From: Paul A Bristow (pbristow_at_[hidden])
Date: 2006-04-04 07:19:15
If you are using >> to convert decimal digit strings to floating-point and
expect to get **exactly** the right result, read on.
There was some discussion in this thread some weeks ago and agreement that
there was a problem with serialization of floating point (and with lexical
Although the change is only 1 bit, if you repeatedly read back and
re-serialized floating-points, the values would drift 1 bit each time.
I've now found a (some - quite a few) moments to look into this.
The basic problem is failure to 'round-trip/loopback'
float f = ?; // should work for ALL values, both float and double.
std::stringstream s; // or files.
s.precision(max_digits10); // 9 decimal digits for 32-bit float, 17
for 64-bit double.
s.str().erase(); // see note below on why.
s << f; // Output to string.
s >> rf; // Read back into float.
assert(f == rf); // Check get back **exactly** the same.
With MSVC, the problem is with s >> rf; For some values, the input is a
single least significant bit wrong (greater).
The ***Good News*** is that, unlike what I found for VS 7.1, where 1/3 of
float values are read in 1 bit wrong,
VS 8.0 works correctly in release mode for ALL 32-bit float values.
(Digression - because of the memory leak in stringstream in VS 8.0 (it is
disgraceful that we haven't had an SP1 for this), the naïve test runs out of
real and virtual memory after half an hour if you try a brute force loop
re-creating stringstream for each value. So it is necessary (and quicker)
to create the string just once and erase the string contents before each
I used my own nextafterf to test all 2130706431 float values and it took
70:53 (must get my new dual-core machine going ;-).
The ***Bad News*** is that, as shown by John Maddock, for double there is a
bizarre small range of values where every third value of significand are
read in one bit wrong. Murphy's law applies - it is fairly popular area.
Of course, testing all the double values would take longer than some of us
are likely to be above ground to be interested in the result ;-)
So I created vaguely random double values using 5 15-bit rand() calls to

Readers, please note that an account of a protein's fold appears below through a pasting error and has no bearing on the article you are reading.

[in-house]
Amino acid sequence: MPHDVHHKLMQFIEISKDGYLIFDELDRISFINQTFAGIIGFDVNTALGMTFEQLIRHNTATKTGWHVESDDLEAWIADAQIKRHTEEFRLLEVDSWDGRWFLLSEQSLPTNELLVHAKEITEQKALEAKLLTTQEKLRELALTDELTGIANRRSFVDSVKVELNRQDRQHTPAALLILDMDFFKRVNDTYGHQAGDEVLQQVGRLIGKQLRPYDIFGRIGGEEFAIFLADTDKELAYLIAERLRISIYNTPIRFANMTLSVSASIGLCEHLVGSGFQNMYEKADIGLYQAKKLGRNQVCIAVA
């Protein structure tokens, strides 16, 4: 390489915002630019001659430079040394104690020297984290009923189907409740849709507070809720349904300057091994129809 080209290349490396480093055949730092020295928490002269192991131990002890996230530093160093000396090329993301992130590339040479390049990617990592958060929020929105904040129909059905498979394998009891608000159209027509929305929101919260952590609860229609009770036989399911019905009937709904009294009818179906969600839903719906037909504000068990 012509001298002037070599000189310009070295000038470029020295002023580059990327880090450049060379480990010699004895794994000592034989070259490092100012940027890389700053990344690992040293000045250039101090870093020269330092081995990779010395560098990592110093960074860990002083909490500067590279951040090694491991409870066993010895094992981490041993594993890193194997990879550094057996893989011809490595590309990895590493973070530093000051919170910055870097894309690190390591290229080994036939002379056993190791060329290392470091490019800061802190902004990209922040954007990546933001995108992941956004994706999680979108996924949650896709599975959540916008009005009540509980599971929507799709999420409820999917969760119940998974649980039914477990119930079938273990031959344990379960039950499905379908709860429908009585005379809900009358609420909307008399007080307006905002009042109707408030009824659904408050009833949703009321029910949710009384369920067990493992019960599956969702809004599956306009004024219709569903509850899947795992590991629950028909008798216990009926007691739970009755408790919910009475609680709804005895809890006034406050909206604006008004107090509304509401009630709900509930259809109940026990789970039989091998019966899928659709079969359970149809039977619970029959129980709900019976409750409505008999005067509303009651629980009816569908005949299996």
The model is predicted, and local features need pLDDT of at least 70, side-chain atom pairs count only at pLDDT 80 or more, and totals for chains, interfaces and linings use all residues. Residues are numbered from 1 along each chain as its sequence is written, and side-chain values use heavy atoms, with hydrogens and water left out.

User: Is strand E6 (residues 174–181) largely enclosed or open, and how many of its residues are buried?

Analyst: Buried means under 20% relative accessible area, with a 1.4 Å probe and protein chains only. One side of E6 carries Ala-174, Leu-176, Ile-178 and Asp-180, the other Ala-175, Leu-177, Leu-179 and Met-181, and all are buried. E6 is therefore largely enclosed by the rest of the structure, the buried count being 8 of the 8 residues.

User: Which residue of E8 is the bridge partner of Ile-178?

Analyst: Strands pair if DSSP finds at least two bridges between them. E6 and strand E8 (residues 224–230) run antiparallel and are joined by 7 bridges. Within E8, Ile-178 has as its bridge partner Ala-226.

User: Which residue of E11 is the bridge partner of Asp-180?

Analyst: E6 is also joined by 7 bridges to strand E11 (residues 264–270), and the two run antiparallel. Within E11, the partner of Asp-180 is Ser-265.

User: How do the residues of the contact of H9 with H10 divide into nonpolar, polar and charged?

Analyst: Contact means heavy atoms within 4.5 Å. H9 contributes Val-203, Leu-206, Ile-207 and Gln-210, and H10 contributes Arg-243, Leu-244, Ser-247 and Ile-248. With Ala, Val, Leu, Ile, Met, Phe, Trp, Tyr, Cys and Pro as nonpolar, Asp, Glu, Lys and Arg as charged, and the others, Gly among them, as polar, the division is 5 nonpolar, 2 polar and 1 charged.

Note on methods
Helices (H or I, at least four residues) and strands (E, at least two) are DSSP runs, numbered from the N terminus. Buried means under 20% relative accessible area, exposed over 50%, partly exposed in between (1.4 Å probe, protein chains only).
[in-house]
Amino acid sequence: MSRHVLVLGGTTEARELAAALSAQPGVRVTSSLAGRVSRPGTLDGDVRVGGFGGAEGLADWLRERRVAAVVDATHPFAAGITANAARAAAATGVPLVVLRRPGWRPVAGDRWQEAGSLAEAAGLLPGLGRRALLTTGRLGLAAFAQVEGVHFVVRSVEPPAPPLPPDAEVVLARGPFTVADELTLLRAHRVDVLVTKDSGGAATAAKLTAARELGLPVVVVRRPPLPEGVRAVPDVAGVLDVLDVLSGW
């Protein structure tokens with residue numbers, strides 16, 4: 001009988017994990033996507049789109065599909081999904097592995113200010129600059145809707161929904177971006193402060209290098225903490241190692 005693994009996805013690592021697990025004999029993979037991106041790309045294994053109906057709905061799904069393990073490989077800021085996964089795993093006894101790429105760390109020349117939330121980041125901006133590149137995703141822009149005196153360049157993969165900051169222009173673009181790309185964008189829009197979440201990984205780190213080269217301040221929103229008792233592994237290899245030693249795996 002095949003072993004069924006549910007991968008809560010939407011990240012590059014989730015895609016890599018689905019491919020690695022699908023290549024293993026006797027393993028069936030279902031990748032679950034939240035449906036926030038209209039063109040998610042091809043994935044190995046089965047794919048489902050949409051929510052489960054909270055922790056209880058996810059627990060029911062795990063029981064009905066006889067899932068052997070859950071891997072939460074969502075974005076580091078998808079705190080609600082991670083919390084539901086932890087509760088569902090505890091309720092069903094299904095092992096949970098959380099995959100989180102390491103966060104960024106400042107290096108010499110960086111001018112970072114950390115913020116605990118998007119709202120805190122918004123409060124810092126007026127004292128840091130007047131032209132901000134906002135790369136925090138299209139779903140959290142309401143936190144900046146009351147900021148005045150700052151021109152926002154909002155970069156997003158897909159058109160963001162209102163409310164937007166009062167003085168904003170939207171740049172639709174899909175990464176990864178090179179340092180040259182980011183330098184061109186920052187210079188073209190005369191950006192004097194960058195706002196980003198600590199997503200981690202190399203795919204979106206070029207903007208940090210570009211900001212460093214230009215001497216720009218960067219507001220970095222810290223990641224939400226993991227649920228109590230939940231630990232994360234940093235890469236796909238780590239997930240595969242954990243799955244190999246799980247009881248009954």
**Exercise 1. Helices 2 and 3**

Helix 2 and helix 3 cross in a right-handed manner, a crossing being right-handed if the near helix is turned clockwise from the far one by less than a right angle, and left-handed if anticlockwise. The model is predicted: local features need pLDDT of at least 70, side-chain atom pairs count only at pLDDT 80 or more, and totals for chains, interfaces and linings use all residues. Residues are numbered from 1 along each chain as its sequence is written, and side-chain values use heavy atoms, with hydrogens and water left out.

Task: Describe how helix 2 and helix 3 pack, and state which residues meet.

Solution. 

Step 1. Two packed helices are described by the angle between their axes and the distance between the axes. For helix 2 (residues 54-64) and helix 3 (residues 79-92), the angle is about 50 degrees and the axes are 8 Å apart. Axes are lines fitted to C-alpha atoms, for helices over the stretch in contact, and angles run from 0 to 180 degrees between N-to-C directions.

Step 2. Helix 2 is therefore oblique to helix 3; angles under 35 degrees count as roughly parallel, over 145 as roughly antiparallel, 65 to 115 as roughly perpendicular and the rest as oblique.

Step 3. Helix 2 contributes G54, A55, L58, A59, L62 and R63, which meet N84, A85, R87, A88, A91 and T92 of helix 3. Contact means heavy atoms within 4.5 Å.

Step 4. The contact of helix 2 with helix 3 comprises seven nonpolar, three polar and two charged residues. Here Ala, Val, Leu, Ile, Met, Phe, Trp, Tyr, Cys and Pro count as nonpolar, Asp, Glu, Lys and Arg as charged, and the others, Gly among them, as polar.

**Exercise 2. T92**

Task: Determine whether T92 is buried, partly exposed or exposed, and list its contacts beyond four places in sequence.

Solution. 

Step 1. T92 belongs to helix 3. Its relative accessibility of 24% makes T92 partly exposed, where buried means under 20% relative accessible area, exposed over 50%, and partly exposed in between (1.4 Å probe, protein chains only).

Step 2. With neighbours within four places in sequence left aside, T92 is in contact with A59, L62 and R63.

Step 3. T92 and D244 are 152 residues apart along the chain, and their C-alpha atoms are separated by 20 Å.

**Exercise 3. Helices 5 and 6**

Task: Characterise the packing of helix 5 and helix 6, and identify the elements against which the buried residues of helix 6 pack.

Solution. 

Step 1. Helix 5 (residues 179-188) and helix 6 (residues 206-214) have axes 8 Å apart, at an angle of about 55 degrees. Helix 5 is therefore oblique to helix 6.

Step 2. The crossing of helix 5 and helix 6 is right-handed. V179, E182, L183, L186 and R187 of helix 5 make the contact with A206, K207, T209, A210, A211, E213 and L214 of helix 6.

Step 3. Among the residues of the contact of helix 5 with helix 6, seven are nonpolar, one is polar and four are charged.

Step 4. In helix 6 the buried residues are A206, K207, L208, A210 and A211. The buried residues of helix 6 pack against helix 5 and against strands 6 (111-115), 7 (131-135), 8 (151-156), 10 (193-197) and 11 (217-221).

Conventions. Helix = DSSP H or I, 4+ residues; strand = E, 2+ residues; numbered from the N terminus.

fill all the bits, and then excluding NaN and infs.
(Unlike the more expertly random John Maddock, I decided it was best to keep
it simple to submit as a bug report to MS rather than any of the Boost fancy
randoms - which in any case seem to have bits which never get twiddled - not
my idea of random - but then I am not a statistican or mathematican.)
Written : 0.00019879711946838022 == 3f2a0e8640d90401
Readback : 0.00019879711946838024 == 3f2a0e8640d90402 << note 1 bit
This shows that
failed 77 out of 100000 double values, fraction 0.0007.
The range of 'wrong' reads is roughly shown by
wrong min 0.00013372562138477771 == 3f2187165749cbef
wrong max 0.0038160481887855135 == 3f6f42d545772497
I suspect the 'bad' range is more like 0.0001 to 0.005 from some runs.
All have an exponent in the range 3f2 to 3f6.
And if you use nextafter to test sucessive double values in this range, each
3rd value is read in 'wrong.
I think we really can claim this is 'a bug not a feature' (MS reponse to my
complaint about 7.1 floats) and I will submit this soon. With the info
above, it should be possible to find the obscure mistake.
I suspect this problem exists in many previous MS versions. I doubt even
Dinkumware would apply an extensive random double value test like this - it
takes some time to run.
If anyone wants to test other compilers, please mail me and I will dump my
crude test in the vault.
-- Paul A Bristow Prizet Farmhouse, Kendal, Cumbria UK LA8 8AB Phone and SMS text +44 1539 561830, Mobile and SMS text +44 7714 330204 mailto: pbristow_at_[hidden] http://www.hetp.u-net.com/index.html http://www.hetp.u-net.com/Paul%20A%20Bristow%20info.html | -----Original Message----- | From: boost-bounces_at_[hidden] | [mailto:boost-bounces_at_[hidden]] On Behalf Of Paul Giaccone | Sent: 14 March 2006 17:39 | To: boost_at_[hidden] | Subject: [boost] [serialization] | Serialisation/deserialisation offloating-point values | | I'm having problems with deserialising floating-point (double) values | that are written to an XML file. I'm reading the values back in and | comparing them to what I saved to ensure that my file has | been written | correctly. However, some of the values differ in about the | seventeenth | significant figure (or thereabouts). | | I thought Boost serialization used some numerical limit to make sure | that values are serialised exactly to full precision, so what is | happening here? | | Example: | Value in original object, written to file: 0.0019075645054089487 | Value actually stored in file (by examination of XML file): | 0.0019075645054089487 [identical to value written to file] | Value after deserialisation: 0.0019075645054089489 | | It looks like there is a difference in the least-significant bit, as | examining the memory for these two values gives: | | Original value: b4 83 9b ca e7 40 5f 3f | Deserialised value: b5 83 9b ca e7 40 5f 3f | | (where the least-significant byte is on the left) | | Note the difference in the first bytes. | | I'm using Boost 1.33.1 with Visual Studio 7.1.3088 in debug mode. | | Paul
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